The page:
Enforce net zero with global ‘ground rules,’ say Oxford academics

‘Climate pledges are not backed up by the necessary action. This ‘implementation gap’ illustrates the limits of voluntary action. As the climate crisis worsens, mandatory, legally enforceable rules could help us overcome the obstructionism that is holding back a just climate transition,’ states co-lead author Thom Wetzer, Associate Professor of Law and Finance and Director of the Oxford Sustainable Law Programme, a joint initiative of the Oxford Smith School and Faculty of Law.

‘By aligning economic rules to climate goals, governments can also give business the stability, enabling environment, and level playing field they need to decisively invest in decarbonization,’ states co-lead author Thomas Hale, Professor of Global Public Policy at the Blavatnik School of Government.

Enforceable rules have three advantages over voluntarily initiatives, the authors say. They are harder to reverse, and would help to avoid situations like the public backtracking by fossil fuel companies on net zero following Russia’s invasion of Ukraine. Secondly, mandatory rules level the playing field. ‘If one set of firms begins to decarbonize voluntarily, there is no guarantee that other firms will follow suit,” explains Prof Wetzer. “Instead, we may find that the activities move to a more lightly-regulated part of the economy. For example, privately held companies are immune to some of the scrutiny facing listed companies. Unsurprisingly, these firms have set fewer net-zero targets and pollute more.’

Third, while voluntary systems largely rely on public scrutiny and reputational risk to drive action, mandatory rules can be enforced legally with greater ease.

The research finds that the voluntary initiatives that have so far governed net zero have already set in place a ‘conveyor belt’ to legally enforceable rules. Once firms undertake voluntary decarbonization, they gain an incentive to make sure their competitors also align to net zero to avoid losing a competitive advantage. As such incentives spread across the economy, they create growing political pressure for voluntary pledges on carbon emission reduction to be turned into mandatory ground rules.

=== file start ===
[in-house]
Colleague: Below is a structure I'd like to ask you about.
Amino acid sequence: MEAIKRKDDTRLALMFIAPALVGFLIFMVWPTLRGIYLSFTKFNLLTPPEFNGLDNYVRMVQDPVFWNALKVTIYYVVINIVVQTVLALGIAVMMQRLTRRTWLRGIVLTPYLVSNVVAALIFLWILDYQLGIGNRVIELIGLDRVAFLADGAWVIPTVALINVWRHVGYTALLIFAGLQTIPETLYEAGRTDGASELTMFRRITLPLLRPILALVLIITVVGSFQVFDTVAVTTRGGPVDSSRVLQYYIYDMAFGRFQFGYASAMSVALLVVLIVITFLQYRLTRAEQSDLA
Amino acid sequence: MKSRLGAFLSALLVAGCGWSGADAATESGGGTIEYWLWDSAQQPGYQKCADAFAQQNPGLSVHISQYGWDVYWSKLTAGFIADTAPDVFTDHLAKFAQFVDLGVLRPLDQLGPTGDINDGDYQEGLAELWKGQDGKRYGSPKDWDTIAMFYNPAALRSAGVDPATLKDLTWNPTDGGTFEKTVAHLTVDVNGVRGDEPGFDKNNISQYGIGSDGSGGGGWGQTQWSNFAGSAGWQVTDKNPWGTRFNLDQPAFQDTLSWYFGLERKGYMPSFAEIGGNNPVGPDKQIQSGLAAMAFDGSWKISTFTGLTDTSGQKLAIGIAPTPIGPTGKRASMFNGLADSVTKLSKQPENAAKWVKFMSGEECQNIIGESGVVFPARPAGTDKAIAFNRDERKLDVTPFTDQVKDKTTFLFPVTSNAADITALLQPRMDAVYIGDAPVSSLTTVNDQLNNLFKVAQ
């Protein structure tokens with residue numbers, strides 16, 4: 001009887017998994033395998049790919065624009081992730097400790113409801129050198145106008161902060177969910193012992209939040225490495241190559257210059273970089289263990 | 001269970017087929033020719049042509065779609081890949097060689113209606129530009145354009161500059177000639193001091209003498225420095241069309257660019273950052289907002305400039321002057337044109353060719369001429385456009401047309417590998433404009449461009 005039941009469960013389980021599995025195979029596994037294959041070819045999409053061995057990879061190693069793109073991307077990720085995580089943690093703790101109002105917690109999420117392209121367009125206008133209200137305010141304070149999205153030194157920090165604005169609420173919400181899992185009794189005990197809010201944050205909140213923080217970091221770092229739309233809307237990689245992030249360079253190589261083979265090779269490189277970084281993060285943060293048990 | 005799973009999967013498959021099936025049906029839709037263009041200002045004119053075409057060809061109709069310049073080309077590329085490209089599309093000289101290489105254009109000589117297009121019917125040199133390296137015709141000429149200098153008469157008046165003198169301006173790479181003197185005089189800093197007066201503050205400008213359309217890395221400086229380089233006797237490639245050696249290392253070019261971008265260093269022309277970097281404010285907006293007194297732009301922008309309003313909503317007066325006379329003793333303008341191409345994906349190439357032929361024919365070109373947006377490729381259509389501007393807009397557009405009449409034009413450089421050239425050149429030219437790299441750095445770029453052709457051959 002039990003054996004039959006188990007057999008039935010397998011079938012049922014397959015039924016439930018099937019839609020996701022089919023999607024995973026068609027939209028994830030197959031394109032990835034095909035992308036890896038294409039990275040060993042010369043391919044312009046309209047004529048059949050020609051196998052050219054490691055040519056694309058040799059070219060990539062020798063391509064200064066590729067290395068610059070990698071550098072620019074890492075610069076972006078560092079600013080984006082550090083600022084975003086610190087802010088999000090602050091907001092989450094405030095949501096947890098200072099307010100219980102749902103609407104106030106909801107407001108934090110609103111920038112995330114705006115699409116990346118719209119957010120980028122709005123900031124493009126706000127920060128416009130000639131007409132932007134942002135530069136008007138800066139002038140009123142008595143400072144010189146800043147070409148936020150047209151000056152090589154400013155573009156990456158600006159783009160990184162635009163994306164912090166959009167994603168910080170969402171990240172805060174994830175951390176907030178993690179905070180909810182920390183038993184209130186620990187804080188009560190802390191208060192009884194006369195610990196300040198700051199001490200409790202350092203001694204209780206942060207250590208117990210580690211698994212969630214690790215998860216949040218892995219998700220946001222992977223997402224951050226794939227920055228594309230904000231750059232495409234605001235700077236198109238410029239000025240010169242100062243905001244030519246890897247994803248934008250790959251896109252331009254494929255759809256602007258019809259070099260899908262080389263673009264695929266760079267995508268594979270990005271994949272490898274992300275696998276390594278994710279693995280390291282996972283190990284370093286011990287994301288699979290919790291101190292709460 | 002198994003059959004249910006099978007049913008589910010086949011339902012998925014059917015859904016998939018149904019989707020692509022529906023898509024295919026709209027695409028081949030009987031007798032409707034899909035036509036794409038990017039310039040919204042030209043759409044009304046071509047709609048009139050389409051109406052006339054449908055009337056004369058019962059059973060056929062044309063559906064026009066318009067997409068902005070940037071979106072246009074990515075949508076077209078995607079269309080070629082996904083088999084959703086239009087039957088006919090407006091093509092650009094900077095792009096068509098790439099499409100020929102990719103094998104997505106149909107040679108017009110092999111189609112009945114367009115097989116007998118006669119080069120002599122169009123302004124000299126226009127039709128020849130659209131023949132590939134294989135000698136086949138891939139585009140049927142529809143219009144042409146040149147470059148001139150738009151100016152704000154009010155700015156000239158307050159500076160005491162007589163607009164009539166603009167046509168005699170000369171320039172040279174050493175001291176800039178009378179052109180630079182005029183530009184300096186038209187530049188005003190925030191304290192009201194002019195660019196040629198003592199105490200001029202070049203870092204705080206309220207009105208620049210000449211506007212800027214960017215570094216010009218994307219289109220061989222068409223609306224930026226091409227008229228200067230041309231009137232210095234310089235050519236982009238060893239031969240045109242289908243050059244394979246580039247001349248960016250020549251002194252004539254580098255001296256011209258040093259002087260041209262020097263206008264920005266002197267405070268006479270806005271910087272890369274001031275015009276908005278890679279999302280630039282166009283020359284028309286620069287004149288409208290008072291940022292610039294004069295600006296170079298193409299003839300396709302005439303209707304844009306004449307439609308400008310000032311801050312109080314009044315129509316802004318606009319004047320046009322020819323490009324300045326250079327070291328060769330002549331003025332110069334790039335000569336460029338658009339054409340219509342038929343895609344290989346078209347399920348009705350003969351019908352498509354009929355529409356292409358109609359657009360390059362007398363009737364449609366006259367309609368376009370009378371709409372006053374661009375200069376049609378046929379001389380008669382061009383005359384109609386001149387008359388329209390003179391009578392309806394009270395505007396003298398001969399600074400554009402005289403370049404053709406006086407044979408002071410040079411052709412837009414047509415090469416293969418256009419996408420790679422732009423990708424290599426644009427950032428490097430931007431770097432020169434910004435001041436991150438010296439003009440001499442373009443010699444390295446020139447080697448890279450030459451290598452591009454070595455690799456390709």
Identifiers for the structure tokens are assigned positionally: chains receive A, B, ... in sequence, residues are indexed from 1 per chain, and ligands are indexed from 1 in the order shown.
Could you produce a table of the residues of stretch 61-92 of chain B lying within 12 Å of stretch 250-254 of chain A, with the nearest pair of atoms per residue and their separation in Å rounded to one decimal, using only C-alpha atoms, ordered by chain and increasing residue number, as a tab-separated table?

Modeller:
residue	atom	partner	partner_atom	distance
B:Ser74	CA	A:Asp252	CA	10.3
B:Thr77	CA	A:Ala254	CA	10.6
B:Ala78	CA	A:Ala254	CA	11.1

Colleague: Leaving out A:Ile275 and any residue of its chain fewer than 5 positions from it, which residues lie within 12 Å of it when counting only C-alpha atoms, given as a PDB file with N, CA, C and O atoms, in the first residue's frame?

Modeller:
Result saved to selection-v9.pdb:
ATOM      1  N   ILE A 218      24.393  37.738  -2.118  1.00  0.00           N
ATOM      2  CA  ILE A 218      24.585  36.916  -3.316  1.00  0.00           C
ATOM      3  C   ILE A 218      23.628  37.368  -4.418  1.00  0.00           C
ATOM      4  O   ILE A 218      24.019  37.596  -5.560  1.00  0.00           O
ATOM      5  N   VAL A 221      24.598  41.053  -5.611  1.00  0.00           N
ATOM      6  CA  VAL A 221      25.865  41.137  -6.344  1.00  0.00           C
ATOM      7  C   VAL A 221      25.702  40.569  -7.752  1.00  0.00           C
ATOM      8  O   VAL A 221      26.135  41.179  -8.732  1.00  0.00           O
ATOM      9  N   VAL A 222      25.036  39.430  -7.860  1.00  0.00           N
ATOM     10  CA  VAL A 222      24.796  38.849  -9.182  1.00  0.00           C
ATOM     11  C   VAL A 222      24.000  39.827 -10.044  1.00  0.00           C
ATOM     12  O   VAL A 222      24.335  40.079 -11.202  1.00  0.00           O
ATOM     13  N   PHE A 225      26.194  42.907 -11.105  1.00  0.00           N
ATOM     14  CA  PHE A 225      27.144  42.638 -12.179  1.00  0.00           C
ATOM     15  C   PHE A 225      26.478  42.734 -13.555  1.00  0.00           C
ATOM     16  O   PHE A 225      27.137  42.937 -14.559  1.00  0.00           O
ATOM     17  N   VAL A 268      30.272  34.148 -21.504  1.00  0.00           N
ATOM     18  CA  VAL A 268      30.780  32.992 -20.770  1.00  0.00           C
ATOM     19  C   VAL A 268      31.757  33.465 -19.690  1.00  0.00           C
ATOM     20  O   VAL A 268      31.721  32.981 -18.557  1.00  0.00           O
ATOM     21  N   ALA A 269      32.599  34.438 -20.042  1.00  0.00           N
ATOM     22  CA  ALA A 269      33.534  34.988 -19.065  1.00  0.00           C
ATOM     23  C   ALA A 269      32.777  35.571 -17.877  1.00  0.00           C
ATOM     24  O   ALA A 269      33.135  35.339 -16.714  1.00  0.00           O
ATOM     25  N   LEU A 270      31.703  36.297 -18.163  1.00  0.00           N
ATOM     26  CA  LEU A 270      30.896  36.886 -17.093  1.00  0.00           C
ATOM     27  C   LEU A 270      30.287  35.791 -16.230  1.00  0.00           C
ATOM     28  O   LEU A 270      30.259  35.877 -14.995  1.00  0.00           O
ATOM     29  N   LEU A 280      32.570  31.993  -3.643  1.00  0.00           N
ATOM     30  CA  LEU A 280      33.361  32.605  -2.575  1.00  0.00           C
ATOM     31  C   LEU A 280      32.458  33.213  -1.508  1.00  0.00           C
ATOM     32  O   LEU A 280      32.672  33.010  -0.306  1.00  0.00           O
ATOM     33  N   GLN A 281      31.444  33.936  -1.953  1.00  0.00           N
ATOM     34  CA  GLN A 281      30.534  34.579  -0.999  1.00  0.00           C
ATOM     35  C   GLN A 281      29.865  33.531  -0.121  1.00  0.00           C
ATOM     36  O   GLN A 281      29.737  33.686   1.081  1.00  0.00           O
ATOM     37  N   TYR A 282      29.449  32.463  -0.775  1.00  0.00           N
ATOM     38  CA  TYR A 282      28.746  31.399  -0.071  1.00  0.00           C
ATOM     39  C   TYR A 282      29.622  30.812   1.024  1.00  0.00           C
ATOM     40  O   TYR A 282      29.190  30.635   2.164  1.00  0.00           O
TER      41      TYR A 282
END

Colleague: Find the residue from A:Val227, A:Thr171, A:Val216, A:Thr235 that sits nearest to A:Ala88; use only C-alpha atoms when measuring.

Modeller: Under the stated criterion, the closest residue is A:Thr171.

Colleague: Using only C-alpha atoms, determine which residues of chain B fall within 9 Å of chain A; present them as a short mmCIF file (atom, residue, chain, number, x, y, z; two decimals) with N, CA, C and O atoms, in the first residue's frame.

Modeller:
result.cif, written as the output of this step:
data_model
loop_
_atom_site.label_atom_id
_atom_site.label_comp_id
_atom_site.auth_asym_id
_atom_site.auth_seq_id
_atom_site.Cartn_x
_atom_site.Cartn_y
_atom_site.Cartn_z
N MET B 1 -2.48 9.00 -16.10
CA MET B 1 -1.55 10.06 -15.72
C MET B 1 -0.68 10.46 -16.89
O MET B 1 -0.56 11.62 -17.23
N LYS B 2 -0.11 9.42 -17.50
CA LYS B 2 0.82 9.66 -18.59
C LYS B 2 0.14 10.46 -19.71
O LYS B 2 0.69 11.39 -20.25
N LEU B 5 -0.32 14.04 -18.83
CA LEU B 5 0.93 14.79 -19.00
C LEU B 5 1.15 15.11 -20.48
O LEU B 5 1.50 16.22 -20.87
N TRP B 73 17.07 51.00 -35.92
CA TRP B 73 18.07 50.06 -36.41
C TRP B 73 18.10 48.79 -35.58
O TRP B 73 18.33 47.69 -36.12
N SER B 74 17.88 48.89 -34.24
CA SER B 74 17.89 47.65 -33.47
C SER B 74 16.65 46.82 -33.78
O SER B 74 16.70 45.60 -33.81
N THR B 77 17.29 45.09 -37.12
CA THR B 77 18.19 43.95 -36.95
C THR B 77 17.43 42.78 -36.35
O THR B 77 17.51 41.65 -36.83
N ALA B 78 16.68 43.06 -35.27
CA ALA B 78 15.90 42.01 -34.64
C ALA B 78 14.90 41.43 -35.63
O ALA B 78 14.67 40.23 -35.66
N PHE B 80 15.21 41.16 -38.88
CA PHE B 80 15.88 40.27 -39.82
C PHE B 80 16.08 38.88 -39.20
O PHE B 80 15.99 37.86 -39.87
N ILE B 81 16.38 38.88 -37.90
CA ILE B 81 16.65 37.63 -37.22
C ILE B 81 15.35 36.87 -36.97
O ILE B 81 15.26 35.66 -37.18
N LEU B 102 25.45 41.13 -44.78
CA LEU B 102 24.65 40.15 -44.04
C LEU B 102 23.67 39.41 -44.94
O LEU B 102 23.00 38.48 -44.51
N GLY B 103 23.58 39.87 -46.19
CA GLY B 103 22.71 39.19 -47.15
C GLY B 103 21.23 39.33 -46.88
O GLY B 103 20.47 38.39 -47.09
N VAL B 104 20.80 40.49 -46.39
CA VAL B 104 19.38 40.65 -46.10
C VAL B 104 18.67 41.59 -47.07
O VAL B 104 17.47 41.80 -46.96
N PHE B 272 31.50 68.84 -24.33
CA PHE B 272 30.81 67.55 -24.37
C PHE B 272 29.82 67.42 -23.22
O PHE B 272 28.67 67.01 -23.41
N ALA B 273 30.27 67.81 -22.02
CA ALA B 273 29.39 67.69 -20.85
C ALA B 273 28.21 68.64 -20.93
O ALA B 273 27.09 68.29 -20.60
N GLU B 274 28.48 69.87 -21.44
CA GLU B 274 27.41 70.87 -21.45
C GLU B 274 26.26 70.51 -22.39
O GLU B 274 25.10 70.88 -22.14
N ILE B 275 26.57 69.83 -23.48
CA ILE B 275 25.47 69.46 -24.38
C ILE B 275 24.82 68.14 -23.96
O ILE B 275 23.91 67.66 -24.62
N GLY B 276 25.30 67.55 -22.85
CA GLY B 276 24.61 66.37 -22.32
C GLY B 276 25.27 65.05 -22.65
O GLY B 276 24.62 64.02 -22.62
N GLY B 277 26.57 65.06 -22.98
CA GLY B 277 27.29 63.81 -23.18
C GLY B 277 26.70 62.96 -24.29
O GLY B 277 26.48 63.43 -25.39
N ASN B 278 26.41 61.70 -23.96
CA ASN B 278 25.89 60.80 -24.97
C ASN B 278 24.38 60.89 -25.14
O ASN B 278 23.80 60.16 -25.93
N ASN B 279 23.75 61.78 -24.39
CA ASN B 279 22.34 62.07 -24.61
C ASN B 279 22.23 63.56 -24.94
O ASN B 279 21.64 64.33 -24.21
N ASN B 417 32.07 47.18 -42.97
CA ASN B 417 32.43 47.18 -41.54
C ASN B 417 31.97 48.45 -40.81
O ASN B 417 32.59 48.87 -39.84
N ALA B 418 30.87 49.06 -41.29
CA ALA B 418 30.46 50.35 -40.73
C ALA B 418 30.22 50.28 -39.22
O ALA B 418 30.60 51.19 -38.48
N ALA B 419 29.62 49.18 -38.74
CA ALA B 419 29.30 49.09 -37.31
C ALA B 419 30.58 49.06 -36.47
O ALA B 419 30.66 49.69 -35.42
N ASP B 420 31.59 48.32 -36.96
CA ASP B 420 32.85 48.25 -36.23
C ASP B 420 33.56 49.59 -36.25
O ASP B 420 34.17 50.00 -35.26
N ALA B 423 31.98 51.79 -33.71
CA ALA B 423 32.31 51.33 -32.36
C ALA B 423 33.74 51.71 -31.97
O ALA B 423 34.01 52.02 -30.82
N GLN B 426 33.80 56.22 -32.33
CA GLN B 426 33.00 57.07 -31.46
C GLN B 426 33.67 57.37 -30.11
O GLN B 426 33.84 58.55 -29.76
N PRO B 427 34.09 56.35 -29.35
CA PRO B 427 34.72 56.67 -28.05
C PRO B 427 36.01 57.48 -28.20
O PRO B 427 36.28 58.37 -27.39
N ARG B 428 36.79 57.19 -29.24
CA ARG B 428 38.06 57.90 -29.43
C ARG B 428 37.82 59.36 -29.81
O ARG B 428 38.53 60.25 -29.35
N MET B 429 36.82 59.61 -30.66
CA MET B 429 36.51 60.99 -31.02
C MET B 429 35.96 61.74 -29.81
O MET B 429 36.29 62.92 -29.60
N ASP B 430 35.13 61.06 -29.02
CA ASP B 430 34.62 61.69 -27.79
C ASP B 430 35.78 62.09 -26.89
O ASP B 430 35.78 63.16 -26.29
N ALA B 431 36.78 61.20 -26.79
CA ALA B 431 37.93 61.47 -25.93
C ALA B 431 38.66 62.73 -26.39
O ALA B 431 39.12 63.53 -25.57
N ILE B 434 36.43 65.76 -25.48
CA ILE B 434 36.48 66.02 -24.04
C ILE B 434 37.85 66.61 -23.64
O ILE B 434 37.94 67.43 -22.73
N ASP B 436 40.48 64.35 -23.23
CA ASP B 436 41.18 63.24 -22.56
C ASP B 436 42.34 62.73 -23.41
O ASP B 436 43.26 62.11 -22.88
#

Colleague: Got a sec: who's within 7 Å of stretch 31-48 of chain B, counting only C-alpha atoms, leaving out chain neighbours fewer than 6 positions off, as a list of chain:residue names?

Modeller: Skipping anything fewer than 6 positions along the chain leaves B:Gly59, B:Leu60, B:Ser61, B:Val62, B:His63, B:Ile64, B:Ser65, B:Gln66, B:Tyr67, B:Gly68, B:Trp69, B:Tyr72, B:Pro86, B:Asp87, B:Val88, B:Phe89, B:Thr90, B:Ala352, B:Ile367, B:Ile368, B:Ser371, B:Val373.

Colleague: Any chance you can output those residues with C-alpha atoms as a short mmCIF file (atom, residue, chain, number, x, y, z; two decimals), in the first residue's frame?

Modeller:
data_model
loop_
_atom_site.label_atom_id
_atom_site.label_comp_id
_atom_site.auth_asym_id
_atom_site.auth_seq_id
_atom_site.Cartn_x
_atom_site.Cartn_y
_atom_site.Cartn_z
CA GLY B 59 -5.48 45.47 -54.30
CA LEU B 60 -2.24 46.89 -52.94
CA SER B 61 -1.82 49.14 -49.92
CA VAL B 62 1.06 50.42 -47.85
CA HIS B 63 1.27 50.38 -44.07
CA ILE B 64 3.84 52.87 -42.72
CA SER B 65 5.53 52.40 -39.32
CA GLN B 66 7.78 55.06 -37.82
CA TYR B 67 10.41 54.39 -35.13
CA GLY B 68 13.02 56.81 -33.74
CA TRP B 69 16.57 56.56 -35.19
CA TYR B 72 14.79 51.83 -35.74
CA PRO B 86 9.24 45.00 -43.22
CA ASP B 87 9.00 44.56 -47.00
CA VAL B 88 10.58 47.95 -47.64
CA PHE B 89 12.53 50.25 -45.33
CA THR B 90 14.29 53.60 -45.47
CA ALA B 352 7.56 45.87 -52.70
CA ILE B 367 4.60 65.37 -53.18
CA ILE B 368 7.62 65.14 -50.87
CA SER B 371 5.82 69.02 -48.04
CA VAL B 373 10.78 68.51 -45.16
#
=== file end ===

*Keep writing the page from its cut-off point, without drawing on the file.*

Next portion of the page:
‘Similarly, voluntary action and targeted litigation that forces firms to act, such as the 2021 Dutch ruling requiring Shell to reduce emissions (which Shell is currently appealing), can work to erode the obstructionism that has blocked more ambitious climate policy in many jurisdictions,’ explains Prof Wetzer.

The authors argue that voluntarily action has reached its limits, and that it is time for legally enforceable rules to be implemented globally. Wetzer cites the EU’s recent agreement on its Corporate Sustainability Due Diligence Directive as an example of the new ‘rules of the game’ around climate change. ‘The significance of this legislation is that it requires large firms to draft a plan to reduce their emissions and implement that plan. It may surprise people to learn that rules of this type are rare. Given the urgency of the climate crisis, we need to see more of them to spur people into action.’

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